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How to Get Rid of Common Warts Under the Nails
Warts are small growths on the skin caused by a virus 1. They're unsightly, sometimes contagious, and above all, tricky to get rid of. Especially difficult to deal with are subungal and periungual warts, which appear under the fingernails and toenails 1. Because of their hard-to-reach placement, they require a special approach to eradication.
Treating warts under fingernails and toenails
Identify them. Subungal and periungal warts look similar to other warts: ugly, rough bumps with uneven borders that sometimes resemble cauliflower 12. They are usually lighter or darker than the skin around them.
How to Correct Upward Toenails
File down nails and the wart. Warts under the nail are more difficult to get rid of than other warts because they are difficult to reach 1. One option is to make them easier to treat by clipping and filing nails away from the wart; this is only an option if the wart is closer to the tip of the nail than to the base. Soak your finger in warm water, then file away the edge of the nail and across the top of the nail with a smoother file to make the nail thinner. If you can, also file away at whatever part of the wart you can reach. Then be sure to throw away the file to avoid spreading more warts 1.
Try over-the-counter treatments. Apply over-the-counter treatments to your wart, following the directions on the packaging. After you've applied the treatment, cover with a bandage and repeat regularly, based on the product's directions.
How to Flatten a Curved Toenail
See a doctor. If after trying home remedies, your warts still haven't cleared, or if you're unable to get to the wart because it's too far down on the nail bed, see your doctor 1. A general practitioner or a dermatologist can prescribe stronger medications and can also refer you to laser-based treatments, which can get at the wart without damaging the nail above.
Not all over-the-counter treatments are created equal. Look for salicylic acid in the highest concentration you can find.
Remember that most warts will go away on their own eventually, and that it's likely that warts, treated or not, might return.
Prevent further infection to yourself and to others by keeping your nails short (to discourage biting, which can open the route to infection), and by washing your hands on a regular basis.
- Subungal and periungal warts look similar to other warts: ugly, rough bumps with uneven borders that sometimes resemble cauliflower 1.
- Apply over-the-counter treatments to your wart, following the directions on the packaging.
How to Correct Upward Toenails
How to Flatten a Curved Toenail
How to Remove Plantar Warts With Tweezers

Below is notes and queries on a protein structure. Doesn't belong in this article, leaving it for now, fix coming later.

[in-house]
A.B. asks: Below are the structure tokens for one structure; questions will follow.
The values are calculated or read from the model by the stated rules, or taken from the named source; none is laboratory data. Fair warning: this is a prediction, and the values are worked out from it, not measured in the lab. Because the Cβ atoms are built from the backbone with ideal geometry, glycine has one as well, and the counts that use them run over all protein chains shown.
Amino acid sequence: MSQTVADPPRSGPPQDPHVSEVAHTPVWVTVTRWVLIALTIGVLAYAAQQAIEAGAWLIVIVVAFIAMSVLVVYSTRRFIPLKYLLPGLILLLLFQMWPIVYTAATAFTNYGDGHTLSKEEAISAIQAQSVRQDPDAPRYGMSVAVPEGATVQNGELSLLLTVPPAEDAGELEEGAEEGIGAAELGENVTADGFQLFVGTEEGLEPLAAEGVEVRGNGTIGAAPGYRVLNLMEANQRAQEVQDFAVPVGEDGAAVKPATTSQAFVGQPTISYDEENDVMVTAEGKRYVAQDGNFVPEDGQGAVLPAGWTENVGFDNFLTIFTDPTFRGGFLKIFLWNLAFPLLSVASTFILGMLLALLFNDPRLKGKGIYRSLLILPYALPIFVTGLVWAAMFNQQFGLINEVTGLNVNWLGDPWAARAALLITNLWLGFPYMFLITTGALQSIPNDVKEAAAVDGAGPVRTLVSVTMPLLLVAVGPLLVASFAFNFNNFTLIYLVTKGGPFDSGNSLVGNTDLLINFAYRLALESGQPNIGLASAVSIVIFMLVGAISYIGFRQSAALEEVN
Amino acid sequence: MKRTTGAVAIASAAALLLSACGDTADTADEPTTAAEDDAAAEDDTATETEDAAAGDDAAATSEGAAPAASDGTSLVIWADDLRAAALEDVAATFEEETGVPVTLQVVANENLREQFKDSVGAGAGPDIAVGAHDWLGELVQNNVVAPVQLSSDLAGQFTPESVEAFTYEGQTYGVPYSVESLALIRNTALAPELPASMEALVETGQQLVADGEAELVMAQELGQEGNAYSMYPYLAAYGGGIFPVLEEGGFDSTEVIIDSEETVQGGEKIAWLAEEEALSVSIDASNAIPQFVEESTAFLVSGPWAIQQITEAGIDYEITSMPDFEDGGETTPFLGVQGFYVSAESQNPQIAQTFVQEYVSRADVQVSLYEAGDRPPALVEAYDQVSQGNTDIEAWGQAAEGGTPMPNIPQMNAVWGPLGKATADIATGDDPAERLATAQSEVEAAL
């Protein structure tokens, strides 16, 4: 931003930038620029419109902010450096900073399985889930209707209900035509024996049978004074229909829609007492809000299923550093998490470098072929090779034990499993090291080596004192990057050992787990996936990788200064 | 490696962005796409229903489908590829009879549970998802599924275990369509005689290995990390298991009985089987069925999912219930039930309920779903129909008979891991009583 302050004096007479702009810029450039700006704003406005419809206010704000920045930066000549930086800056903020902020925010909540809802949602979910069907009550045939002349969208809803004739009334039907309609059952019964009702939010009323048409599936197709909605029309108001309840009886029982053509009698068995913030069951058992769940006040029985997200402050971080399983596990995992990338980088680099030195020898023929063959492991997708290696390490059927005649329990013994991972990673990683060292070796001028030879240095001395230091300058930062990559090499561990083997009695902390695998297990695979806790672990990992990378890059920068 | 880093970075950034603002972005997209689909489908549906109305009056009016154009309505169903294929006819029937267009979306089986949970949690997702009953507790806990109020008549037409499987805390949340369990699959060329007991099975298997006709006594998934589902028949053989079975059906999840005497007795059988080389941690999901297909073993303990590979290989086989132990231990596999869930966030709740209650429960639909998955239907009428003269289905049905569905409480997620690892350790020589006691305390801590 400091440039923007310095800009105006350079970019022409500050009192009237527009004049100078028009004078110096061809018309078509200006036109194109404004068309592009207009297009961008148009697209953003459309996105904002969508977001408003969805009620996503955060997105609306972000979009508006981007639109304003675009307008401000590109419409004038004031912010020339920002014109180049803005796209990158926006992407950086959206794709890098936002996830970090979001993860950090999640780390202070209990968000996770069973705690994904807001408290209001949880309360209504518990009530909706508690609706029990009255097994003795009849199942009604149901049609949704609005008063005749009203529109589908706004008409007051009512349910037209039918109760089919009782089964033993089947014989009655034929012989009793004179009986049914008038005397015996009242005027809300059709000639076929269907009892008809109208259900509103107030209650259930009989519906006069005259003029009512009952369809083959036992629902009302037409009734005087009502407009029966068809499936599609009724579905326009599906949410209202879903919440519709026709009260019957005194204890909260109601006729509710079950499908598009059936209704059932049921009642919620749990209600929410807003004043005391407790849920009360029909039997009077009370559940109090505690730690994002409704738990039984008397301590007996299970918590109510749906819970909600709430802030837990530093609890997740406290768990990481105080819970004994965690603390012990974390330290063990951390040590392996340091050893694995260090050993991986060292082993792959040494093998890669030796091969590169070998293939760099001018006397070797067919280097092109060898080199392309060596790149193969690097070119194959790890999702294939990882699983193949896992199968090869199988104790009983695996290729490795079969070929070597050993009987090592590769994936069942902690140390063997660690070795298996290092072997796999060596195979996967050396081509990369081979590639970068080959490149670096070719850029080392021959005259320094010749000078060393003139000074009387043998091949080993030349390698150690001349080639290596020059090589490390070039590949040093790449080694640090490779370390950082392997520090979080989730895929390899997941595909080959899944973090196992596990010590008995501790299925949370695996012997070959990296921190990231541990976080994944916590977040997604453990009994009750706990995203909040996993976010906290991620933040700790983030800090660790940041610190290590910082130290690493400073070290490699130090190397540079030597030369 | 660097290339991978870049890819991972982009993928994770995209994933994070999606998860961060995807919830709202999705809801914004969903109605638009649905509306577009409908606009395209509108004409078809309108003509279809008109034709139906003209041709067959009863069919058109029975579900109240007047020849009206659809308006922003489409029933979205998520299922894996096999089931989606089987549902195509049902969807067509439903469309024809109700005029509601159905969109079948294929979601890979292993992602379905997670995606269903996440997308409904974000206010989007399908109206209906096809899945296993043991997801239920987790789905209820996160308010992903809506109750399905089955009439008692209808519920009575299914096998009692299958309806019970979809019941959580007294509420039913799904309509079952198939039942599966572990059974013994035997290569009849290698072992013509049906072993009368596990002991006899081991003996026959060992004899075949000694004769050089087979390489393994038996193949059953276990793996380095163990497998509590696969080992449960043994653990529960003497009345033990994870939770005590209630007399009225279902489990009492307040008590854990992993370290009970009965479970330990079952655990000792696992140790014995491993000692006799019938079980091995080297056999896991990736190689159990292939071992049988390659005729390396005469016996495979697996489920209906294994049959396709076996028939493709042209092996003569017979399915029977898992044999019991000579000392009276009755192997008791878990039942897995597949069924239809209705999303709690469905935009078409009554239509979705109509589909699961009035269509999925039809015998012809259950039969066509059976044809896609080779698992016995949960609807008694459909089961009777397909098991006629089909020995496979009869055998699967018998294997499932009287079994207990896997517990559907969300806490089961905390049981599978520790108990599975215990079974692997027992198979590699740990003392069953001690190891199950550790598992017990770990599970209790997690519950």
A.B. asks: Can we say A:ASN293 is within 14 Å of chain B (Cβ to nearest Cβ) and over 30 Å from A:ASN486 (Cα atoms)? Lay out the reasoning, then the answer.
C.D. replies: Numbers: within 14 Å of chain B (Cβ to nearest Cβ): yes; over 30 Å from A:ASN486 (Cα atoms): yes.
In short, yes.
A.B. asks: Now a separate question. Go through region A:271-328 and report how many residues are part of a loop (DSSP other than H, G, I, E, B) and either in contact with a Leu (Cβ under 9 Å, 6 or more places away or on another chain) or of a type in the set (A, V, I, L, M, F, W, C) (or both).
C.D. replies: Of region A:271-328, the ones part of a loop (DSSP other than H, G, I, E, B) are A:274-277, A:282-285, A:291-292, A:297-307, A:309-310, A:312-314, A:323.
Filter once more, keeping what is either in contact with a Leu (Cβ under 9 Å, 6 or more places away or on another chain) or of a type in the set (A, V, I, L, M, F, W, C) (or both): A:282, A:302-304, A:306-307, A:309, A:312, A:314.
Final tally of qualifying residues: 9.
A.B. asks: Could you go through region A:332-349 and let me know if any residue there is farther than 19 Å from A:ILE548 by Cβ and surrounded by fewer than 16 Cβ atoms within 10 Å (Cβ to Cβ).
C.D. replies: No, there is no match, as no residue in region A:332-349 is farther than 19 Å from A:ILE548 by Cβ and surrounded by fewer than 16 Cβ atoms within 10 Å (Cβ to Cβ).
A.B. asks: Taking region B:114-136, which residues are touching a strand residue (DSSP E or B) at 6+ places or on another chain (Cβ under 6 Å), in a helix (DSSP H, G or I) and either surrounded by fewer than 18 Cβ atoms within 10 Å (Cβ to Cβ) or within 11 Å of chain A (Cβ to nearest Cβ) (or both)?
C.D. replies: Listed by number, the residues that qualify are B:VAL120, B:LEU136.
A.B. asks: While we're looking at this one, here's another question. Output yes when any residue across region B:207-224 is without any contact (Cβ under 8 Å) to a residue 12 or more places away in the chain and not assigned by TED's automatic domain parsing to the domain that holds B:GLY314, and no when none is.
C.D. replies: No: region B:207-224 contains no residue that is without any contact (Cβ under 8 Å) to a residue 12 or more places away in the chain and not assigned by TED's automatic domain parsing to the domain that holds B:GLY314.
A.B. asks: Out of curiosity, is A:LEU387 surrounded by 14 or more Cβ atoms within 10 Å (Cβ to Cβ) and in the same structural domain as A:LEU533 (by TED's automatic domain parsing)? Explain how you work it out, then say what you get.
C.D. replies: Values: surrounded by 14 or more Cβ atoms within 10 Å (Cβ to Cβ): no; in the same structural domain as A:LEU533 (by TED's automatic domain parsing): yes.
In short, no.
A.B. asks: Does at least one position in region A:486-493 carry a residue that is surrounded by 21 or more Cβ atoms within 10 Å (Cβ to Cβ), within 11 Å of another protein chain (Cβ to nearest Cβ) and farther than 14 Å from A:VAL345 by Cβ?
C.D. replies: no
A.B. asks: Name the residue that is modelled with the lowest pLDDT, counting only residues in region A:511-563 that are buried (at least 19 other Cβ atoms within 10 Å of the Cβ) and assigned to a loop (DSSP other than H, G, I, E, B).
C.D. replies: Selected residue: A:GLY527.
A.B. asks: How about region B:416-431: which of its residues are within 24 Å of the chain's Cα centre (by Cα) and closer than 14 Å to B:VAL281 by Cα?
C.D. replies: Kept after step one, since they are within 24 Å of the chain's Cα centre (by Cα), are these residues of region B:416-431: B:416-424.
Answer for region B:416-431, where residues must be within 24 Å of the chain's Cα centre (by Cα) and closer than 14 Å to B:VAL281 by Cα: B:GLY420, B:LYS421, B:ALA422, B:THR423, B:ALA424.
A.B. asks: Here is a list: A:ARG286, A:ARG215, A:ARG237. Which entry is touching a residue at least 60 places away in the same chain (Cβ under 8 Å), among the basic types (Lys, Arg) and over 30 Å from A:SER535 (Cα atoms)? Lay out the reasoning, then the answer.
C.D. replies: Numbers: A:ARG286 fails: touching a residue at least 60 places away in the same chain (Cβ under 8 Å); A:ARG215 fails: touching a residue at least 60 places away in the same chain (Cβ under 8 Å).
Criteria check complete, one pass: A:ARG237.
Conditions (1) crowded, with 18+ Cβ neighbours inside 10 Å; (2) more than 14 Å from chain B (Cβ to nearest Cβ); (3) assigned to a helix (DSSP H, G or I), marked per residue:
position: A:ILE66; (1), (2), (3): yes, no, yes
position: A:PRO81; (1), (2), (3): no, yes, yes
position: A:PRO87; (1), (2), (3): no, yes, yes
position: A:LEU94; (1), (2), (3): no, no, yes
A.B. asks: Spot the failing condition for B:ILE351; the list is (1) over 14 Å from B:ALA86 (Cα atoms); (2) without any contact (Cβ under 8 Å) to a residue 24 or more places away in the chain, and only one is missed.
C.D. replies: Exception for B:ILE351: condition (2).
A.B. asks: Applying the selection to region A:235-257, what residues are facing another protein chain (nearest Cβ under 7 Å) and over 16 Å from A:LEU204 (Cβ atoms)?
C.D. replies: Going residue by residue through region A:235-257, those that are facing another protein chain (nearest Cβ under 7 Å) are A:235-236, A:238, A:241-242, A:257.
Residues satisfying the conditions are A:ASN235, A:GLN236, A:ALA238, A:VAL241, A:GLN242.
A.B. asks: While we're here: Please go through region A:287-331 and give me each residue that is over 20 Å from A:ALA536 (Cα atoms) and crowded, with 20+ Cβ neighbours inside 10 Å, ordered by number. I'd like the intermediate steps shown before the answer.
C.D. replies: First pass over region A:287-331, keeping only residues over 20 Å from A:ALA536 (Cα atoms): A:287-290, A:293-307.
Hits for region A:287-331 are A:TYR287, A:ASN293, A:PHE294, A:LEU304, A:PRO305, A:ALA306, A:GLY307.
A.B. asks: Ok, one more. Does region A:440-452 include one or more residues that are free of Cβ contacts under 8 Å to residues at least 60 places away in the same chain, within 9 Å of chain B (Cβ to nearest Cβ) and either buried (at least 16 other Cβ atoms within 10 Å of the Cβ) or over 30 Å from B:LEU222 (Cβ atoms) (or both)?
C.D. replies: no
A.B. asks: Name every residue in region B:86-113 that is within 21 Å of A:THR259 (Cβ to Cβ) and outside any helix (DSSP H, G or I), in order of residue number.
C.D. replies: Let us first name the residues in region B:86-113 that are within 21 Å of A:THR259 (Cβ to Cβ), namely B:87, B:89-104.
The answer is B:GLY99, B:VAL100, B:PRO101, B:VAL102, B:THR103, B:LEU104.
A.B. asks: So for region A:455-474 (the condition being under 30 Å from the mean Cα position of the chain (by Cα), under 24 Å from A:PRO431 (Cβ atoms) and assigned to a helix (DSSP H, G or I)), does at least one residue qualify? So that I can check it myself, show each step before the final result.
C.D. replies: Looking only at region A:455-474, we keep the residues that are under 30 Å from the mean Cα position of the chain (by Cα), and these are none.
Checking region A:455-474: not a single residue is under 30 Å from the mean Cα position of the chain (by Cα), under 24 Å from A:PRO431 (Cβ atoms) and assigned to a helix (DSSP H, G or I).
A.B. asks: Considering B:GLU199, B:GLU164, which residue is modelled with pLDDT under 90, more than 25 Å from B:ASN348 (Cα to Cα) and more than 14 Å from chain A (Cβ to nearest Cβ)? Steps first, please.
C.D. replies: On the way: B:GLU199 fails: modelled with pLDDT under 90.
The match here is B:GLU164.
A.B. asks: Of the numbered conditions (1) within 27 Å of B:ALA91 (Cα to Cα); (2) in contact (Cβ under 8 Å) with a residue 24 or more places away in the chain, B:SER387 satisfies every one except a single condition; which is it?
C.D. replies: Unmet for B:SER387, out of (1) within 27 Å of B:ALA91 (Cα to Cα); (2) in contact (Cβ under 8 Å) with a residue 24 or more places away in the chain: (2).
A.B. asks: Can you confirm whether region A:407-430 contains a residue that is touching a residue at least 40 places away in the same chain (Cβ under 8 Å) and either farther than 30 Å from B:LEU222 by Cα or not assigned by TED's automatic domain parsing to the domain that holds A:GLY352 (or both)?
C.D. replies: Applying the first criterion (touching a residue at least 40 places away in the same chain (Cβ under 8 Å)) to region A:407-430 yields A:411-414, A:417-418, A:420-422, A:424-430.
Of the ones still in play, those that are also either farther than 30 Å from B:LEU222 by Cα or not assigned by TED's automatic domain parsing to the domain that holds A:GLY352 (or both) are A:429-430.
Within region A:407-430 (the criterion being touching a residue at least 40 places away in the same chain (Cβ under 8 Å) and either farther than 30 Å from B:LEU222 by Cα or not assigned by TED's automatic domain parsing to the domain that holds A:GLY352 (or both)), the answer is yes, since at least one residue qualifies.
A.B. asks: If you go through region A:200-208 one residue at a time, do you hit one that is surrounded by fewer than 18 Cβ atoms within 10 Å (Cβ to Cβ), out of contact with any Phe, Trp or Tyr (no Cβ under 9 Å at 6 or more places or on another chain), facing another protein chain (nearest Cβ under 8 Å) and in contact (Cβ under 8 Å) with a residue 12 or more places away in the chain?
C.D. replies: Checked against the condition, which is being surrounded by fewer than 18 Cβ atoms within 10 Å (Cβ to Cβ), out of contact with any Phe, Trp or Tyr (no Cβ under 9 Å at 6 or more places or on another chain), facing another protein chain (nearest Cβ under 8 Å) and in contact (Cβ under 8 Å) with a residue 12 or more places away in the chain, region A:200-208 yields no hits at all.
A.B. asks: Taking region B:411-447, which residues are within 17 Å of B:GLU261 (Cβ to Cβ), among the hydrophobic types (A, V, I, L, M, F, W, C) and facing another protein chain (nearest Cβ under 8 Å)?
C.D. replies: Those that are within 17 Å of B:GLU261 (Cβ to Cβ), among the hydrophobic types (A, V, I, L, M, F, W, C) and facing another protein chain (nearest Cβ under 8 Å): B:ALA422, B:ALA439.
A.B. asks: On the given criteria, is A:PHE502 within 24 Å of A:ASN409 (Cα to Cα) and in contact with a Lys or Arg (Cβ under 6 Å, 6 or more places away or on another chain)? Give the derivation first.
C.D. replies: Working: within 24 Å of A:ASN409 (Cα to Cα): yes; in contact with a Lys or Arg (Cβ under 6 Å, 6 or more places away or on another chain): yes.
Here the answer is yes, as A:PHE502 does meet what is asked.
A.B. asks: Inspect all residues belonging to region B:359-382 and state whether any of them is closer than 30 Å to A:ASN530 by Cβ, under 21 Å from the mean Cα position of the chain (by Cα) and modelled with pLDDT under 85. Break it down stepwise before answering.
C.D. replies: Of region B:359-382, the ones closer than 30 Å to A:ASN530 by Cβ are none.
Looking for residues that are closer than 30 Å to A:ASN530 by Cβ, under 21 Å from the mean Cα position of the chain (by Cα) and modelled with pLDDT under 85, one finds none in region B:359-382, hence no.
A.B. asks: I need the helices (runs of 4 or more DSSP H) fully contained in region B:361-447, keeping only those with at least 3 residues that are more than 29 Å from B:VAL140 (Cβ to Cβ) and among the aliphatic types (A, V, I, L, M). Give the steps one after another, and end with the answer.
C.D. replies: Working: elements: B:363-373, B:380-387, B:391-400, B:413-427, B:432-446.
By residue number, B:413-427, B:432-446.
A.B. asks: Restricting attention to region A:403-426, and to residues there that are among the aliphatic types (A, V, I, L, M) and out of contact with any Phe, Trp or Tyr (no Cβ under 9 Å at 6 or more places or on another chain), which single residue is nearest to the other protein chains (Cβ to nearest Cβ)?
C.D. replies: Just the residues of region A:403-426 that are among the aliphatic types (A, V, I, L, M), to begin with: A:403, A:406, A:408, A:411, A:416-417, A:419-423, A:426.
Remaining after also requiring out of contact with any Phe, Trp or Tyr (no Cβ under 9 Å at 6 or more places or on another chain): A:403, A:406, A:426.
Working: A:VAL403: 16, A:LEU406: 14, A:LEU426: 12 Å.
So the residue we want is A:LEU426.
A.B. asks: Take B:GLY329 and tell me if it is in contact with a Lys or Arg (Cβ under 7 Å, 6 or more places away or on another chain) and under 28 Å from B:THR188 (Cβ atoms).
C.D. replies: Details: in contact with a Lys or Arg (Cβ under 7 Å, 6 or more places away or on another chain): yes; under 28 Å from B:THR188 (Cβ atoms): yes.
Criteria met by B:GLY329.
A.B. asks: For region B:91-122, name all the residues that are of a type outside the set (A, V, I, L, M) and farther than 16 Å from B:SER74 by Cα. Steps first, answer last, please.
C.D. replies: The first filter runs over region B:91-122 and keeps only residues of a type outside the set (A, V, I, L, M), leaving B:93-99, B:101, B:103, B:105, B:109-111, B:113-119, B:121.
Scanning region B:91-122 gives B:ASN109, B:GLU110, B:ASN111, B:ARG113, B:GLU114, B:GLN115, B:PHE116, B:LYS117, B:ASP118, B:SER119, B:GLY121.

How to Remove Seed Warts
How to Remove Warts Around the Eye
Hair Growth From Warts
How to Use Sea Salt to Cure Toenail Fungus
Benzoyl Peroxide for Warts
How to Use Dr. Scholl's Freeze Away Wart Remover
How to Remove Anal Warts
- "Periungal warts"
- InformedHealth.org. Warts: Overview. Cologne, Germany: Institute for Quality and Efficiency in Health Care (IQWiG). Updated November 7, 2019.
- InformedHealth.org. What are the treatment options for warts? Cologne, Germany: Institute for Quality and Efficiency in Health Care (IQWiG). Updated November 7, 2019.
- Al Aboud AM, Nigam PK. Wart (Plantar, Verruca Vulgaris, Verrucae). Treasure Island, FL: StatPearls Publishing. Updated September 27, 2019.
- Liu J, Li H, Yang F, et al. Epidemiology and Clinical Profile of Cutaneous Warts in Chinese College Students: A Cross-Sectional and Follow-Up Study. Sci Rep. 2018;8(1):15450. doi:10.1038/s41598-018-33511-x
- Goldman RD. Duct tape for warts in children: Should nature take its course?. Can Fam Physician. 2019;65(5):337-338.
- Cockayne S, Hewitt C, Hicks K, et al. Cryotherapy versus salicylic acid for the treatment of plantar warts (verrucae): a randomised controlled trial. BMJ. 2011;342:d3271. doi:10.1136/bmj.d3271
- Baker DA, Ferris DG, Martens MG, et al. Imiquimod 3.75% cream applied daily to treat anogenital warts: combined results from women in two randomized, placebo-controlled studies. Infect Dis Obstet Gynecol. 2011;2011:806105. doi:10.1155/2011/806105
- Gaston A, Garry RF. Topical vitamin A treatment of recalcitrant common warts. Virol J. 2012;9:21. doi:10.1186/1743-422X-9-21
- Walczuk I, Eertmans F, Rossel B, et al. Efficacy and safety of three cryotherapy devices for wart treatment: A randomized, controlled, investigator-blinded, comparative study. Dermatol Ther (Heidelb). 2018;8(2):203-16. doi:10.1007/s13555-017-0210-5
- Dalimunthe DA, Siregar R, Tanjung C. Comparative clinical efficacy between electrodesiccation with curettage and application of 80% phenol solution in treatment of common warts. Open Access Maced J Med Sci. 2018;6(2):326-9. doi:10.3889/oamjms.2018.074
- Chauhan PS, Mahajan VK, Mehta KS, Rawat R, Sharma V. The efficacy and safety of intralesional immunotherapy with measles, mumps, rubella virus vaccine for the treatment of common warts in adults. Indian Dermatol Online J. 2019;10(1):19-26. doi:10.4103/idoj.IDOJ_142_18
- Nofal A, Elkot R, Nofal E, Mazen M. Combination therapy versus monotherapy in the treatment of recalcitrant warts: A clinical and immunological study. J Cosmet Dermatol. 2018;2018;12848. doi:10.1111/jocd.12848
- Raghukumar S, Ravikumar BC, Vinay KN, et al. Intralesional vitamin D injection in the treatment of recalcitrant warts: A novel proposition. J Cutan Med Surg. 2017;21(4):320-4. doi:10.1177/1203475417704180
Jenette Sturges has been a writer and editor since 2006. She holds a Bachelor of Arts in liberal arts from the University of Illinois. As a Fulbright Scholar, she taught English at Hanoi Pedagogical University No. 2 in Vietnam. Her writing and editing have appeared in "The Daily Illini," "The (Anderson, Ind.) Herald-Bulletin," and she has ghostwriten for numerous companies and organizations worldwide.